Divorcing Alaskan couples with children may draft a parenting plan to address child custody and visitation issues. The plan will then be submitted to the court for evaluation and will be ordered only if the court finds that the plan caters to the child’s best interests. The court may consider several factors including:
- The child’s needs
- Parents’ ability and willingness to meet child’s needs
- The child’s relationship with each parent
- The ability of parents to cooperate with each other
- Whether there is a history of domestic violence or neglect in the household
What is included in a parenting plan?
A parenting plan generally consists of a parenting schedule and decision-making arrangement. An attorney can help ensure that you include the specific details you need to include so that your agreement gets approved by the court.
The parenting schedule addresses which parent will have physical custody of the child at any given time. There are several scheduling options, but generally, if both parents are physically, emotionally, and financially able to care for the children, both parents should be assigned specific days and times with the children.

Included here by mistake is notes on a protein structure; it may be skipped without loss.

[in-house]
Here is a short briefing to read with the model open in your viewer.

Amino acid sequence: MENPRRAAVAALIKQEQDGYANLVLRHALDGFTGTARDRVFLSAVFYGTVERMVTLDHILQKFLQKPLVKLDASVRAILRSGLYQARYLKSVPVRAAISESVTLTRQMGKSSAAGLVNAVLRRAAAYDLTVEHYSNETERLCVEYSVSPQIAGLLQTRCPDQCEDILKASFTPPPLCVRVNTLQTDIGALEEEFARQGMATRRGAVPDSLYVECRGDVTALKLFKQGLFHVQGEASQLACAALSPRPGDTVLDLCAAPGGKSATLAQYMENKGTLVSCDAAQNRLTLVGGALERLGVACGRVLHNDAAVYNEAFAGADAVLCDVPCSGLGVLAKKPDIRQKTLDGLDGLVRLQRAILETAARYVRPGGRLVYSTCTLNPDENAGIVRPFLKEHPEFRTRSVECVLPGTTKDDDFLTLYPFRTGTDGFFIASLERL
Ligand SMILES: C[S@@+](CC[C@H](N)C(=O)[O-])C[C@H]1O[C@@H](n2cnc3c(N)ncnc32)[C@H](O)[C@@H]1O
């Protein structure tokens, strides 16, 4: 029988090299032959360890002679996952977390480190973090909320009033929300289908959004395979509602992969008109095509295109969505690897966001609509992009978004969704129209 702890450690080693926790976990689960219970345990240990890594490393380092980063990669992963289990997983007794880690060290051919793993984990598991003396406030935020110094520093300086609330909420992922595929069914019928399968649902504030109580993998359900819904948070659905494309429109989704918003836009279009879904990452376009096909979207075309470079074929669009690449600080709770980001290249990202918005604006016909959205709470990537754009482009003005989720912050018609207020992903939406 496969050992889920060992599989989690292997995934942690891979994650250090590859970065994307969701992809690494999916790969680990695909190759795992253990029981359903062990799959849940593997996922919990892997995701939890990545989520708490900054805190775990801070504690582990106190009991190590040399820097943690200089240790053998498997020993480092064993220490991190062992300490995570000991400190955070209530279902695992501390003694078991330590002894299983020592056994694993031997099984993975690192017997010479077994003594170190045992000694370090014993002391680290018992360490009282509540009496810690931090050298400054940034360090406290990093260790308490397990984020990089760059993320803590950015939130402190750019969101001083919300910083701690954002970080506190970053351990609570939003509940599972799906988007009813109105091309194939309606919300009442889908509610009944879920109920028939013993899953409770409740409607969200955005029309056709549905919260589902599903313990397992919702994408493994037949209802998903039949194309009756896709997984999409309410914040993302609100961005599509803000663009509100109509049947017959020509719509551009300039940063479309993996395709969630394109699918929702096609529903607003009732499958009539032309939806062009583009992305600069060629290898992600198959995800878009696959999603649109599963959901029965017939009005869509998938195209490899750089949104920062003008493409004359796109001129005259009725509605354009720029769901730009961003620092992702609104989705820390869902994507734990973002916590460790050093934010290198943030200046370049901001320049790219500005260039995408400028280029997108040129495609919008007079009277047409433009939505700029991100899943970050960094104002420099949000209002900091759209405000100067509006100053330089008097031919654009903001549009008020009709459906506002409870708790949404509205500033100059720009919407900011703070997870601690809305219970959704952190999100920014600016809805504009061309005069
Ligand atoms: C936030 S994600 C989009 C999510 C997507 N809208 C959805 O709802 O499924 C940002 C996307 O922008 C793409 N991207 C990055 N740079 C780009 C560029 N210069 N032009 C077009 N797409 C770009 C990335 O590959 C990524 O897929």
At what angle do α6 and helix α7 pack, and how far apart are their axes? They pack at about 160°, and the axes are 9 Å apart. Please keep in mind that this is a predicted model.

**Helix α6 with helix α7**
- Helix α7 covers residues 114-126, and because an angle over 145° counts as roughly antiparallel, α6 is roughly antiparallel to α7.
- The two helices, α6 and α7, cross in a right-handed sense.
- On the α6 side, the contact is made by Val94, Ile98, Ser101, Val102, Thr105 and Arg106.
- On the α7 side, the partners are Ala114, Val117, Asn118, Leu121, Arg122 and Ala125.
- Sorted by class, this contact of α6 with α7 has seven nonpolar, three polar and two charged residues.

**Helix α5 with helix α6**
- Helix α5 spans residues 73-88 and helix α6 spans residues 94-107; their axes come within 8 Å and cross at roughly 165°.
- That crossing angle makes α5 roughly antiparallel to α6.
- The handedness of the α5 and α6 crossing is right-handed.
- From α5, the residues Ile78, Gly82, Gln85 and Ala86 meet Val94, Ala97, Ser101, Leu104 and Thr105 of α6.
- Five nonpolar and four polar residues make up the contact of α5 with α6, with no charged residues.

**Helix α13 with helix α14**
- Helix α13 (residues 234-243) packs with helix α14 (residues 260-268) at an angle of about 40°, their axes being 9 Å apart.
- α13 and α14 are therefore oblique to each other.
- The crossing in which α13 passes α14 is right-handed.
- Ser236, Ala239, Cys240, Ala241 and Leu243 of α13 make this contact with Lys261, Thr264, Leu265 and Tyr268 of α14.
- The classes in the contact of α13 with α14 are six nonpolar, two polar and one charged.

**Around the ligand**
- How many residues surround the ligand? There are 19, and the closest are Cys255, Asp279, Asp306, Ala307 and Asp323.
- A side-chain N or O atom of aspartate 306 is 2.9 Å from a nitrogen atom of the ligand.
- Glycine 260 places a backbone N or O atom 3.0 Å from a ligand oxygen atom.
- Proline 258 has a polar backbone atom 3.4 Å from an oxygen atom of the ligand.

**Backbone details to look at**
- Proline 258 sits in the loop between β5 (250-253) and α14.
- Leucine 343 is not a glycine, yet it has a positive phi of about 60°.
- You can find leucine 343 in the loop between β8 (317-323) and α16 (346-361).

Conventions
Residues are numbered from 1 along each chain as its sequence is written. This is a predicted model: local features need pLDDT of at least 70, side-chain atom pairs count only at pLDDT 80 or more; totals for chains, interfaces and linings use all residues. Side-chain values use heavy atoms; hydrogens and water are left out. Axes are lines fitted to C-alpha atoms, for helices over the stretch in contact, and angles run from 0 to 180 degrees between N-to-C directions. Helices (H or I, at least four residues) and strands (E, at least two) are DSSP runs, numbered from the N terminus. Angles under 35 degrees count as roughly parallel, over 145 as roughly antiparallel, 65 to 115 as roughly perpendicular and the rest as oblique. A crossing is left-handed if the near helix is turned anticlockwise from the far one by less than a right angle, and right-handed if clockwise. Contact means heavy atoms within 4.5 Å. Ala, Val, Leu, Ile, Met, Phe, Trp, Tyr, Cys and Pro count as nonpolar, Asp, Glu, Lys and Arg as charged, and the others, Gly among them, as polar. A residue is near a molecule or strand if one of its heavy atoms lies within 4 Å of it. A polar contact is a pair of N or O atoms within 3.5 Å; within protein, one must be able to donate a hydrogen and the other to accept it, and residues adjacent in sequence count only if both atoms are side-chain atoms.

Additionally, the parenting schedule should address how and where the child should be transferred between parents (e.g., parents meet in the school parking lot).
Decision making refers to major decisions made that impact the child’s upbringing. One parent can have sole decision-making authority or both parents can share this decision-making power. These decisions typically relate to important issues like the child’s education and health.
If you require assistance with drafting your parenting agreement or just need guidance on how to handle any child custody issue that arises in your divorce, consider consulting with an attorney. Your attorney can represent you during negotiations with your ex, while making sure that your child remains the main priority throughout the process.